Judge Sabatier 7 Piece Softgrip Knife Block BLACK was £60 now £19.99 @ Shop.com - HotUKDeals
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Judge Sabatier 7 Piece Softgrip Knife Block BLACK was £60 now £19.99 @ Shop.com

£19.99 @ Shop.com
Black Dishwasher Safe Hollow Ground Stainless Steel Blades Soft Grip Non Slip Handles 25 Year Guarantee Usually delivered within 5 working days of receipt of order Standard delivery charge of £4… Read More
aliandk Avatar
8y, 7m agoFound 8 years, 7 months ago
Black
Dishwasher Safe
Hollow Ground Stainless Steel Blades
Soft Grip Non Slip Handles
25 Year Guarantee
Usually delivered within 5 working days of receipt of order
Standard delivery charge of £4.95 for mainland UK only (higher charge applies for Isle of Wight, Isle of Man, Scottish Isles, Isles of Scilly, Northern Ireland)
PP135

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#1
retailer is robert dyas i think
http://www.robertdyas.co.uk/webapp/wcs/stores/servlet/ProductDisplay?catalogId=311&storeId=91&productId=38129
whats the judge part? is this some lesser branch of sabatier or something?

few cheap knife sets there
#2
Probably As My Sabatier Knives I Had As Trainee Chef Had Metal Handles
#3
brilly

whats the judge part? is this some lesser branch of sabatier or something?


http://en.wikipedia.org/wiki/Sabatier that sort of outlines the murky world of Sabatier knives. Sabatier can pretty much mean anything these days.
#4
If they showed a picture of the blade it would help a lot! The Lecasoar set looks a better bet on this site, at least you can see the full tang and rivets, the 'softgrips' do not look to have a full tang, which is not advisable if you are thinking of using for anything more than 'general' kitchen knife work. Still, at this price they have got to be a useful addition, if only for the name!
1 Like #5
brilly
retailer is robert dyas i think
http://www.robertdyas.co.uk/webapp/wcs/stores/servlet/ProductDisplay?catalogId=311&storeId=91&productId=38129
whats the judge part? is this some lesser branch of sabatier or something?

few cheap knife sets there


the answer is YES i bought a set of these thinking that they were sabatier (the best of the best ) and they say lifetime garentee etc but after they had been washed 2 times they started to go rusty in the knife block took ages to get a customer rep to help after i contacted the origonal sabatier (the proper sabatier have no control over whouses the name - some copywrite error on there part - basicly if i made a knife and called it joe the plumber sabatier knifes they cant touch me for anything.)

finaly got to the judge people. i had to threaten to go to tradeing standards and small claims before they would answer emails or would help over the phone .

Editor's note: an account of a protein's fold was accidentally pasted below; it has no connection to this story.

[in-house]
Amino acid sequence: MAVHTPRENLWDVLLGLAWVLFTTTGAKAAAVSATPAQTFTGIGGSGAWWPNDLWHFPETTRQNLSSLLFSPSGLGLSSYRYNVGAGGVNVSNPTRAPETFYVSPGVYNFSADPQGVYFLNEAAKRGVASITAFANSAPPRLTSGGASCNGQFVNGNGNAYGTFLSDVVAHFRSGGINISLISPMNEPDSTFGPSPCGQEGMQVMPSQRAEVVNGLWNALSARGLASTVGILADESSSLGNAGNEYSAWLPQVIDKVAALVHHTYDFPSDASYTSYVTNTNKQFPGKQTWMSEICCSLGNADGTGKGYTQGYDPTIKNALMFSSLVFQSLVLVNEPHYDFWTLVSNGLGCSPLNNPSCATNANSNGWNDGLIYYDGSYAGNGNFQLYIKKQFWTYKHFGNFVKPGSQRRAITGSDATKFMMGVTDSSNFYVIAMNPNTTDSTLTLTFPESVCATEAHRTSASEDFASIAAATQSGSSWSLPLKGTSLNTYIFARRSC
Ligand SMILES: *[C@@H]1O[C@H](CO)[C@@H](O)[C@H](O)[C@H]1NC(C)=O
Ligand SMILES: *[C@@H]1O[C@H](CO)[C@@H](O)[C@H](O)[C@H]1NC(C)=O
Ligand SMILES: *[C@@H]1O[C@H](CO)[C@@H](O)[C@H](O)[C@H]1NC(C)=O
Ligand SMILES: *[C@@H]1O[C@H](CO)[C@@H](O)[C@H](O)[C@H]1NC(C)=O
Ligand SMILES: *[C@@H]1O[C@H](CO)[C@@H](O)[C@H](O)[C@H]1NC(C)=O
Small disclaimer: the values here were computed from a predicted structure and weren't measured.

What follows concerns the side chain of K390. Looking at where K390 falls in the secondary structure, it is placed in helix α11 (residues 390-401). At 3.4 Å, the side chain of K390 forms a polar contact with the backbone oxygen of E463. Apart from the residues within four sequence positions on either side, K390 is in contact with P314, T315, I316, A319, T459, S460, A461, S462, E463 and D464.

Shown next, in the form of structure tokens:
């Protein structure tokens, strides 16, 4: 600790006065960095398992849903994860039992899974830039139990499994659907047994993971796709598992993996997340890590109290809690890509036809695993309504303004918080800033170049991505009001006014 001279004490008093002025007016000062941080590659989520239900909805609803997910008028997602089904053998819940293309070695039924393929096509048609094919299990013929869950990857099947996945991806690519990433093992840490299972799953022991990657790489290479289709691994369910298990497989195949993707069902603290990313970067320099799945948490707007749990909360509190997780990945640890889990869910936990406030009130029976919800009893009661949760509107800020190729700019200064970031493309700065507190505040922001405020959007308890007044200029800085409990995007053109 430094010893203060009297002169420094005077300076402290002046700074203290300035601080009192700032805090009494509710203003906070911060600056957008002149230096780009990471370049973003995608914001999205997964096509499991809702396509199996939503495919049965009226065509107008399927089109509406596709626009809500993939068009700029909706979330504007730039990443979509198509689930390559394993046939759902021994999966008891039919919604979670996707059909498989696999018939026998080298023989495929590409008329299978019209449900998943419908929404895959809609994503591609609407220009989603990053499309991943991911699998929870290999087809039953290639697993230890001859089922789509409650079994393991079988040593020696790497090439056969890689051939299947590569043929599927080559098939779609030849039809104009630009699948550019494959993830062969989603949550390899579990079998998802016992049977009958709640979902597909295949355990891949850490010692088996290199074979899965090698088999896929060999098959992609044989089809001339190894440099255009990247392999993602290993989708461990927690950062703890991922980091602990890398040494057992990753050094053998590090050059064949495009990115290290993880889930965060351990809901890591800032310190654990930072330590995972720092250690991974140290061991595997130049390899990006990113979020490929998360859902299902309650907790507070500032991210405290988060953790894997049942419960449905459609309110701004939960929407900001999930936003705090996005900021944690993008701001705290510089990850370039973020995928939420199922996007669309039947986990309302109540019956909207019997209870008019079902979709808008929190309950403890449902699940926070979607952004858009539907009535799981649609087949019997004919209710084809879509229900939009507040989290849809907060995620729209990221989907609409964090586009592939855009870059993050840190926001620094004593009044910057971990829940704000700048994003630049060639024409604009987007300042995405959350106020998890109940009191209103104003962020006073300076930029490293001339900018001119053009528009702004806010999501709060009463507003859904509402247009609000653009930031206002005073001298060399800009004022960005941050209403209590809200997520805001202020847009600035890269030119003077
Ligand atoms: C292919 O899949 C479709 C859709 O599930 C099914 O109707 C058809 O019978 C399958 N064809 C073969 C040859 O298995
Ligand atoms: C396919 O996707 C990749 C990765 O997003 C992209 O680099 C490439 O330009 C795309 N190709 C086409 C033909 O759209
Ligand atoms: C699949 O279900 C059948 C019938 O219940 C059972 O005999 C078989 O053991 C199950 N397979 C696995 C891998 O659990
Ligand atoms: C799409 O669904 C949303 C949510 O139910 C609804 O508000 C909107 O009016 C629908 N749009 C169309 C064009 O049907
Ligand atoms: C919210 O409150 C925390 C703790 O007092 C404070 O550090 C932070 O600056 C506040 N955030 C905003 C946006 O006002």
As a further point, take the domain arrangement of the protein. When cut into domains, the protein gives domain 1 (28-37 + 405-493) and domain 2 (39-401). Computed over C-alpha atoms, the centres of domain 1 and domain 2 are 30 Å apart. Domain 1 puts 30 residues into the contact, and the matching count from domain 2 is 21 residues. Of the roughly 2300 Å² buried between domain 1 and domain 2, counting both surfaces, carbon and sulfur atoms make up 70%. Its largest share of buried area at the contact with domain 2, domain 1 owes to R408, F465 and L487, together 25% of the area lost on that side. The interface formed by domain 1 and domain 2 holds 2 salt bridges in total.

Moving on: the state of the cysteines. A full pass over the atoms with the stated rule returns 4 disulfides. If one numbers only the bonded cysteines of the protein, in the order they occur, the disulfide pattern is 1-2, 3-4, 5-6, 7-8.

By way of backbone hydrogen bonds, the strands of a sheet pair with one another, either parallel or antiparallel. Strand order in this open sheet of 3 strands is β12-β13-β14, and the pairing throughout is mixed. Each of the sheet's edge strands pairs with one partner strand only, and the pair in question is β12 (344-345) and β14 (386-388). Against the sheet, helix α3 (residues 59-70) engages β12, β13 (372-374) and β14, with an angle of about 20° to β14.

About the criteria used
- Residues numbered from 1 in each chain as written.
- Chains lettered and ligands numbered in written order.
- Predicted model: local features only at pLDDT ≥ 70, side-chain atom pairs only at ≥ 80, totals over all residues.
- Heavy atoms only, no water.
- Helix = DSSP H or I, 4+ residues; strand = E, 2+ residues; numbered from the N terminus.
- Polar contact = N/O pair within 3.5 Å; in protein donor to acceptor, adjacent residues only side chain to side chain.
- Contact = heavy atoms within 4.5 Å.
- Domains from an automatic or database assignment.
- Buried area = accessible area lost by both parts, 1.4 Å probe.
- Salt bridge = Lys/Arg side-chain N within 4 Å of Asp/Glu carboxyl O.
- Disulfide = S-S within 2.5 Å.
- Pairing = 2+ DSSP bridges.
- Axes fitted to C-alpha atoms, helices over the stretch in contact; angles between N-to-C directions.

then i had to send the knives back to them (at my own expence) which they conveniantly lost and sent me a new set of the same knives - which went rusty again (as a good will gesture) mho dont touch it even if it was .99p:x
#6
I'd be suspicious of any knives that come as a 'set' as the best case scenario is that there'll be a few knives that you'll never use. Worst case they'll be badly made and a pretty much total waste of money! My advice on knives is go to a proper cookshop and try out a couple for feel and weight and don't be afraid to splash a bit of extra cash on knives you'll be using a lot, particularly a chef's knife.

A good rule of thumb (Especially good if you don't want to accidentally cut your thumb off!) is to figure out a budget for a complete knife set, then spend 70% - 90% of that budget on a bloody good chefs knife - it'll last for years if you look after it and you'll really notice the difference. I went from cheapy bought in a block knives to my Globals last year and I can't recommend them enough - a quantum leap from this stamped out, poorly built stuff!
#7
tiggsy_mcfiggle
I

A good rule of thumb (Especially good if you don't want to accidentally cut your thumb off!) is to figure out a budget for a complete knife set, then spend 70% - 90% of that budget on a bloody good chefs knife - it'll last for years if you look after it and you'll really notice the difference.


I think that is wise advice. Adding to your comment I would say that if anyone wanted a set of knives that would do almost anything you want to do in day to day cooking then get one of each of the following. A cooks knife, a peeling or paring knife, I find a hooked beak peeler very useful and a utility (sometimes called sandwich) knife. These three will do well enough almost everything you commonly need to do.
#8
tiggsy_mcfiggle
I'd be suspicious of any knives that come as a 'set' as the best case scenario is that there'll be a few knives that you'll never use. Worst case they'll be badly made and a pretty much total waste of money! My advice on knives is go to a proper cookshop and try out a couple for feel and weight and don't be afraid to splash a bit of extra cash on knives you'll be using a lot, particularly a chef's knife.

A good rule of thumb (Especially good if you don't want to accidentally cut your thumb off!) is to figure out a budget for a complete knife set, then spend 70% - 90% of that budget on a bloody good chefs knife - it'll last for years if you look after it and you'll really notice the difference. I went from cheapy bought in a block knives to my Globals last year and I can't recommend them enough - a quantum leap from this stamped out, poorly built stuff!


lol i read that as a gerbils dohh rofl:oops:

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